H2 Maths is one of the hardest subjects to study if you don’t have a supportive environment around you. This article will give you five essential tips that will help you on how to study for H2 Math exams and become a smart learner. Let’s get started

## 1. Know the topics you are weak in

Before you start to study for H2 math, you must know what topics you are weak at. From my teaching experience, every student’s struggles are different. Some students prefer statistics over pure math, some are visual learners, some can visualise 3D models well, some can do complex algebraic manipulation well.

Based on your prelims and your own experience, you have a sense of what topics you are weak in. For weaker topics, just try and allocate more time for them. For topics you are confident in, do some prelims questions on them or past year topical questions.

If you are generally okay with all topics, then allocate the amount of time to each topic based on the proportion of marks of each topic.

## 2. Master the major topics

In H2 math, Vectors takes up 30 marks and Integration Techniques affect Differential Equations and Applications of Integrations, which could amount to 30 marks too. Typically, once you get these two topics right, you already have 60 marks out of 200 marks secured which is 30% of the overall grade. I see some students put these topics for revision only when nearing exams as they feel that it will help them to remember better, unfortunately, H2 Math doesn’t work that way, we all know it requires consistency and practice. As daunting as these topics may be, try to do one or two questions each week just to retain the concepts learnt.

Mastery of any topic doesn’t mean you need to know all the formula before start trying out the questions. **One of the serious problems I see students do often is that they try to memorise all the formula before attempting the questions. **Topics like Vectors in H2 Mathematics, I would highly recommend knowing the basics between the relationships such as,

- Finding the shortest distance between
- Point to a Line
- Point to a Plane
- Two Parallel lines
- Two Parallel planes

- Applications of Dot and Cross Product
- Finding Equations of
- Line
- Plane

Once these basics are established and mastered, just try and apply them, anything else is just an extension of these basics concepts. For our students, they can access all the videos on these concepts in the student portal.

What I usually asked students to do is to binge-watch the questions with video solutions in the morning when travelling to school on the bus or car, that later in the day attempt the same questions and see whether you really understood the explanation given.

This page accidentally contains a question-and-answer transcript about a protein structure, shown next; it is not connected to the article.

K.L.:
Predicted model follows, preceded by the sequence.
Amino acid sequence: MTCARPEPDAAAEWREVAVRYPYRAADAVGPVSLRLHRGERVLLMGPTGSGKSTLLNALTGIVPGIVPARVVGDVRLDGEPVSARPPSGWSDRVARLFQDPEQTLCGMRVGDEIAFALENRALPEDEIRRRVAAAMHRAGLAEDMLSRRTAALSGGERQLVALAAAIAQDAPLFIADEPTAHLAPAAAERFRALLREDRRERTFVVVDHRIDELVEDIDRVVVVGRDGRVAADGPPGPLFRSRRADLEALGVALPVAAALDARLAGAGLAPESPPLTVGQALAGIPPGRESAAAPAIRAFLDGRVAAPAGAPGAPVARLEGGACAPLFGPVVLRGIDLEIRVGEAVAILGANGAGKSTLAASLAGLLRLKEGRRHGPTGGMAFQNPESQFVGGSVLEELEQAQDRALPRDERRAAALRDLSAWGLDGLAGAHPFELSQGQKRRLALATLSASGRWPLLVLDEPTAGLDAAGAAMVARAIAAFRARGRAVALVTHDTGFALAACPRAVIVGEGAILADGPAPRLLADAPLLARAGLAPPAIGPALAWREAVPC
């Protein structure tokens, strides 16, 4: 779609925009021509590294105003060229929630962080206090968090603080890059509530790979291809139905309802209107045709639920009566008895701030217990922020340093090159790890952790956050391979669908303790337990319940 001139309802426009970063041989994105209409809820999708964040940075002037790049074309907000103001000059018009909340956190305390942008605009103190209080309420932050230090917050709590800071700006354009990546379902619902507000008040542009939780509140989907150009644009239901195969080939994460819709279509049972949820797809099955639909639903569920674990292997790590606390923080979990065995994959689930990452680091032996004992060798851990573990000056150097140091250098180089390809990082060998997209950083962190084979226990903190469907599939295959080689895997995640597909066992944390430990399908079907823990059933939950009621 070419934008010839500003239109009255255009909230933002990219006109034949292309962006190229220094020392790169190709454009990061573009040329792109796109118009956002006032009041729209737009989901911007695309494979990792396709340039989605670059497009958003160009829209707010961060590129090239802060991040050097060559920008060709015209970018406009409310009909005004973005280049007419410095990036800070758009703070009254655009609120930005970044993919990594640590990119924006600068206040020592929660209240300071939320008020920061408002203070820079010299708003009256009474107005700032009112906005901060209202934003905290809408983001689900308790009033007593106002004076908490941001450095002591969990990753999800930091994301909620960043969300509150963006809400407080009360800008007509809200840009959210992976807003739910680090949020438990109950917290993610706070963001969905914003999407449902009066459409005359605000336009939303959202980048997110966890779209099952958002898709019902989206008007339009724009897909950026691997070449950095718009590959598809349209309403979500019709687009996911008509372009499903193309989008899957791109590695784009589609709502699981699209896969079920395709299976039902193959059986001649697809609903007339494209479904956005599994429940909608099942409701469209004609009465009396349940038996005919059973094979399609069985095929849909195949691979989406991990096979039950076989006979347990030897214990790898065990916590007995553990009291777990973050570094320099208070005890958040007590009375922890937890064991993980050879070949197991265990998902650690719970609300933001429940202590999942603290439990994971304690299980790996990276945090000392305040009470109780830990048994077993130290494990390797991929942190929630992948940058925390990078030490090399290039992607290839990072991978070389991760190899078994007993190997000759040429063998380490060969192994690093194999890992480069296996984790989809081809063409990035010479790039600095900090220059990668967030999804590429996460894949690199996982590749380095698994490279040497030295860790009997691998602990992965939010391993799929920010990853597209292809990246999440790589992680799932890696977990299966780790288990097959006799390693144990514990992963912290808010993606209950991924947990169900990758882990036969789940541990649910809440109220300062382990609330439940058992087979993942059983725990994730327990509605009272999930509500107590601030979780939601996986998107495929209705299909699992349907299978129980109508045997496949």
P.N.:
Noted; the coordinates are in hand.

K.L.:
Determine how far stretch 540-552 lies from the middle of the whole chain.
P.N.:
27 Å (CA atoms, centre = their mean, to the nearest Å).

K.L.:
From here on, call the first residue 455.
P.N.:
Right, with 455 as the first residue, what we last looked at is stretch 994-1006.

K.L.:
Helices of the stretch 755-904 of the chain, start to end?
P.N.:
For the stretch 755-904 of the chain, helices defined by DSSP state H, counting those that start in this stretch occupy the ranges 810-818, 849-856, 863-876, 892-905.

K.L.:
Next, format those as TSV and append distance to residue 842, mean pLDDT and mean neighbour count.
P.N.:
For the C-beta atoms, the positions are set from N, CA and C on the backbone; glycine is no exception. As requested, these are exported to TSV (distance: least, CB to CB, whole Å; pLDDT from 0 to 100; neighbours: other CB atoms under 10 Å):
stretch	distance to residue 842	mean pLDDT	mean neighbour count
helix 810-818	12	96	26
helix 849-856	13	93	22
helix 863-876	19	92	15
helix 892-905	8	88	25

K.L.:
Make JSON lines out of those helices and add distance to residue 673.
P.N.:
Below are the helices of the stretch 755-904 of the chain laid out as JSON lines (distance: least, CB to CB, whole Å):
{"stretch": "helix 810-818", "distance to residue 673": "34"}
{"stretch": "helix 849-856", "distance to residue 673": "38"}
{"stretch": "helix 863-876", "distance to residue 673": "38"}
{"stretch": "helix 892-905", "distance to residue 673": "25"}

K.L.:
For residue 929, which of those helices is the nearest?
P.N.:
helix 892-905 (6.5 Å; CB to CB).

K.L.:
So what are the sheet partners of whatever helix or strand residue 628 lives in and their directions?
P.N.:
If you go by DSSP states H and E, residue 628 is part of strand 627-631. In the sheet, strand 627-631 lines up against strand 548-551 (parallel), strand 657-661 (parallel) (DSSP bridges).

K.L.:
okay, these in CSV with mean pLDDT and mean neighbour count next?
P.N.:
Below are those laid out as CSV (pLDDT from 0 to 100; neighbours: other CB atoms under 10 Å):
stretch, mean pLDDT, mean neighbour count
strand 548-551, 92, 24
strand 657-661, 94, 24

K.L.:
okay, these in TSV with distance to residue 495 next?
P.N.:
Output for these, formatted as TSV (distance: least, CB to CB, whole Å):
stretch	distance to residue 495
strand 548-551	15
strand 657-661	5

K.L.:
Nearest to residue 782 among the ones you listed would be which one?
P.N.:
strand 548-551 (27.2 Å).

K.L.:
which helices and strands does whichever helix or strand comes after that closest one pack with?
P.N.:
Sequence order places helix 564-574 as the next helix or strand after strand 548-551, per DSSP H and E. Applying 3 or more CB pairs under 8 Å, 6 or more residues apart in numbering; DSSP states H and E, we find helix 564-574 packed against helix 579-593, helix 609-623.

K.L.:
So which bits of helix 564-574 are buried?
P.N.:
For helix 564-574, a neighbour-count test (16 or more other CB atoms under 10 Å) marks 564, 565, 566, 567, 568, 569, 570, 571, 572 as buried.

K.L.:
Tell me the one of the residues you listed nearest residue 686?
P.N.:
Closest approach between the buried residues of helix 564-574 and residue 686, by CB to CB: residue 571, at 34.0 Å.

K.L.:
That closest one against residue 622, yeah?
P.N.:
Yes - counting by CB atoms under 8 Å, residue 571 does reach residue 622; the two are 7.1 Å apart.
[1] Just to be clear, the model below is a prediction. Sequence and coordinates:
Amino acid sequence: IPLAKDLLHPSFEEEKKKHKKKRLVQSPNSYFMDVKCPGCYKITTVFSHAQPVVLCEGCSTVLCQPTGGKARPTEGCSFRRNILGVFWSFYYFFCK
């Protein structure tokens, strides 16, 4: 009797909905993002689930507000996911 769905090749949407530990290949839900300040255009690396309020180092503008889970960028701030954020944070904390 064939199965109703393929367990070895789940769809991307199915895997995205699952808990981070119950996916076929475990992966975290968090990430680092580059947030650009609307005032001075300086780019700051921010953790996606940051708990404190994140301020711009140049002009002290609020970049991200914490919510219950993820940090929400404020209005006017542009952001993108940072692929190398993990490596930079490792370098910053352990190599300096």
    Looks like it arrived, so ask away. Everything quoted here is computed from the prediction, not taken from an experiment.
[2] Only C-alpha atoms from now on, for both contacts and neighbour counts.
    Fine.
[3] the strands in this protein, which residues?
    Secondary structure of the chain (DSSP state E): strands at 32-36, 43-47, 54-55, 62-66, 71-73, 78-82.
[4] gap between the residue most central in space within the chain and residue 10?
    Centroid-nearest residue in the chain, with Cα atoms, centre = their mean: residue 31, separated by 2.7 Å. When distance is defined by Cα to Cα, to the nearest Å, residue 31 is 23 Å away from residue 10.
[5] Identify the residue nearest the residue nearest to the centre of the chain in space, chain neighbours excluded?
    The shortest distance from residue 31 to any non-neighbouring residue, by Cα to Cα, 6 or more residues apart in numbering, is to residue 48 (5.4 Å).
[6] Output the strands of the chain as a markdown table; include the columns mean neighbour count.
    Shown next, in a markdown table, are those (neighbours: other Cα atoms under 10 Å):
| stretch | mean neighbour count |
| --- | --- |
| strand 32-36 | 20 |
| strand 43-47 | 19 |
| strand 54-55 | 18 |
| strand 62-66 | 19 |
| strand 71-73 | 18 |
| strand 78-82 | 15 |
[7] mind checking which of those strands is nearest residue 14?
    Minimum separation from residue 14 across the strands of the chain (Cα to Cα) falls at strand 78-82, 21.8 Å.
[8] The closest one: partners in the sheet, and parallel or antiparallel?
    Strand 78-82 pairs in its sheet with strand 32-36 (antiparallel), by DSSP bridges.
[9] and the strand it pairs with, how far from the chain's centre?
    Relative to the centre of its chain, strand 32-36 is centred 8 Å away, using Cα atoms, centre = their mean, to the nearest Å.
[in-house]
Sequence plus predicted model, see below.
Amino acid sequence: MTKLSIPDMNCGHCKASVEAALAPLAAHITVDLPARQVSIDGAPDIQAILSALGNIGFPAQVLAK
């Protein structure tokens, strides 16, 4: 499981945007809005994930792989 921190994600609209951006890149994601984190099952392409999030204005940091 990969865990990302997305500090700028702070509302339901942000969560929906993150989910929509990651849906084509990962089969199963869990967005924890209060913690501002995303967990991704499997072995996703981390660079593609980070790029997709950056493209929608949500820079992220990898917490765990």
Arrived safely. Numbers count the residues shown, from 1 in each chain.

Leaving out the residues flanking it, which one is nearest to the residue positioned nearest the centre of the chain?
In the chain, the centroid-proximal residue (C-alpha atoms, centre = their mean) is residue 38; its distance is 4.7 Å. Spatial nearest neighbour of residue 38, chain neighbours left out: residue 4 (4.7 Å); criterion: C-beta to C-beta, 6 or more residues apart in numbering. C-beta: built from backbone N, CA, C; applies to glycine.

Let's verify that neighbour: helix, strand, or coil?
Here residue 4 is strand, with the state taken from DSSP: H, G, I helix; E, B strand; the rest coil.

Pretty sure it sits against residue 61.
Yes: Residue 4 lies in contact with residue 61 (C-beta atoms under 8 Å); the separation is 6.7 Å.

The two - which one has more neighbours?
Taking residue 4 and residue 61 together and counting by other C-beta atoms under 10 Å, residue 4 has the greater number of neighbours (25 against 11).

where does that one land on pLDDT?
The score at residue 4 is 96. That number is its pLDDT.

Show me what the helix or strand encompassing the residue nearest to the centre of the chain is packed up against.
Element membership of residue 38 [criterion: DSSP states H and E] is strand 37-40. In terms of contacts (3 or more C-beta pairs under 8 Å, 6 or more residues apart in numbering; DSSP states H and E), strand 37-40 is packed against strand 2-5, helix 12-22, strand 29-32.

We have a question bank that sorts all the questions I solved with Video solutions and Handwritten Solutions. Our students love it as it really reinforces the concepts and fundamentals. You can read the testimonials from our students here.

## 3. Master concepts before memorizing the formula

In many branches of mathematics, mastering concepts is paramount. This is why you have more M1 marks (Marks given for Method or showing that you understand the concepts) than A1 marks (Marks given for the accuracy of answers) in papers.

Try not to heavily memorize formula to questions types, watch and learn how to think and approach the questions, listen to what I said and how to approach and think through the questions and videos solutions available to you at our Question Bank.

## 4. Time management, The Pomodoro Technique

Time management is crucial. You can’t just study straight for 5 hours without break, it is just not humanly possible. I will share with you what I do to increase my productivity in my work, it is called the Pomodoro technique.

Basically, study for 25 minutes and take a 5-minute break. During that break, do whatever you want, like playing a game or watch YouTube videos to recharge and rest your brain. Then process repeats. Take a long break of 15 minutes after 4 cycles. This technique is very effective for me, I find myself getting more things done. You can read it here,

Article: https://todoist.com/productivity-methods/pomodoro-technique

Timer: https://pomofocus.io/

So, I would suggest, break down and allocate more time slots for the topics you are weak in or major topics (Vectors, Complex Numbers and Integration and its applications). In every 25 minutes, do about 5 – 8 marks of questions and review Video explanation when needed. Write down notes for concepts do not just copy answers. Right answers are not that important, concepts are.

## 5. Time yourself as you study for H2 Math

For each paper or question that you attempt, time them. A general rule of thumb is that for every 10 marks use about 15 minutes to solve them. Of course, not all marks are created equal so it’s just a guide.

One of the many reasons why I think mock papers are important. I think you need to sit through papers that are set similar to the A level standard, probably a bit harder. To see how you stand for these papers. Try to do questions without help and see how many concepts you can recall within a time frame.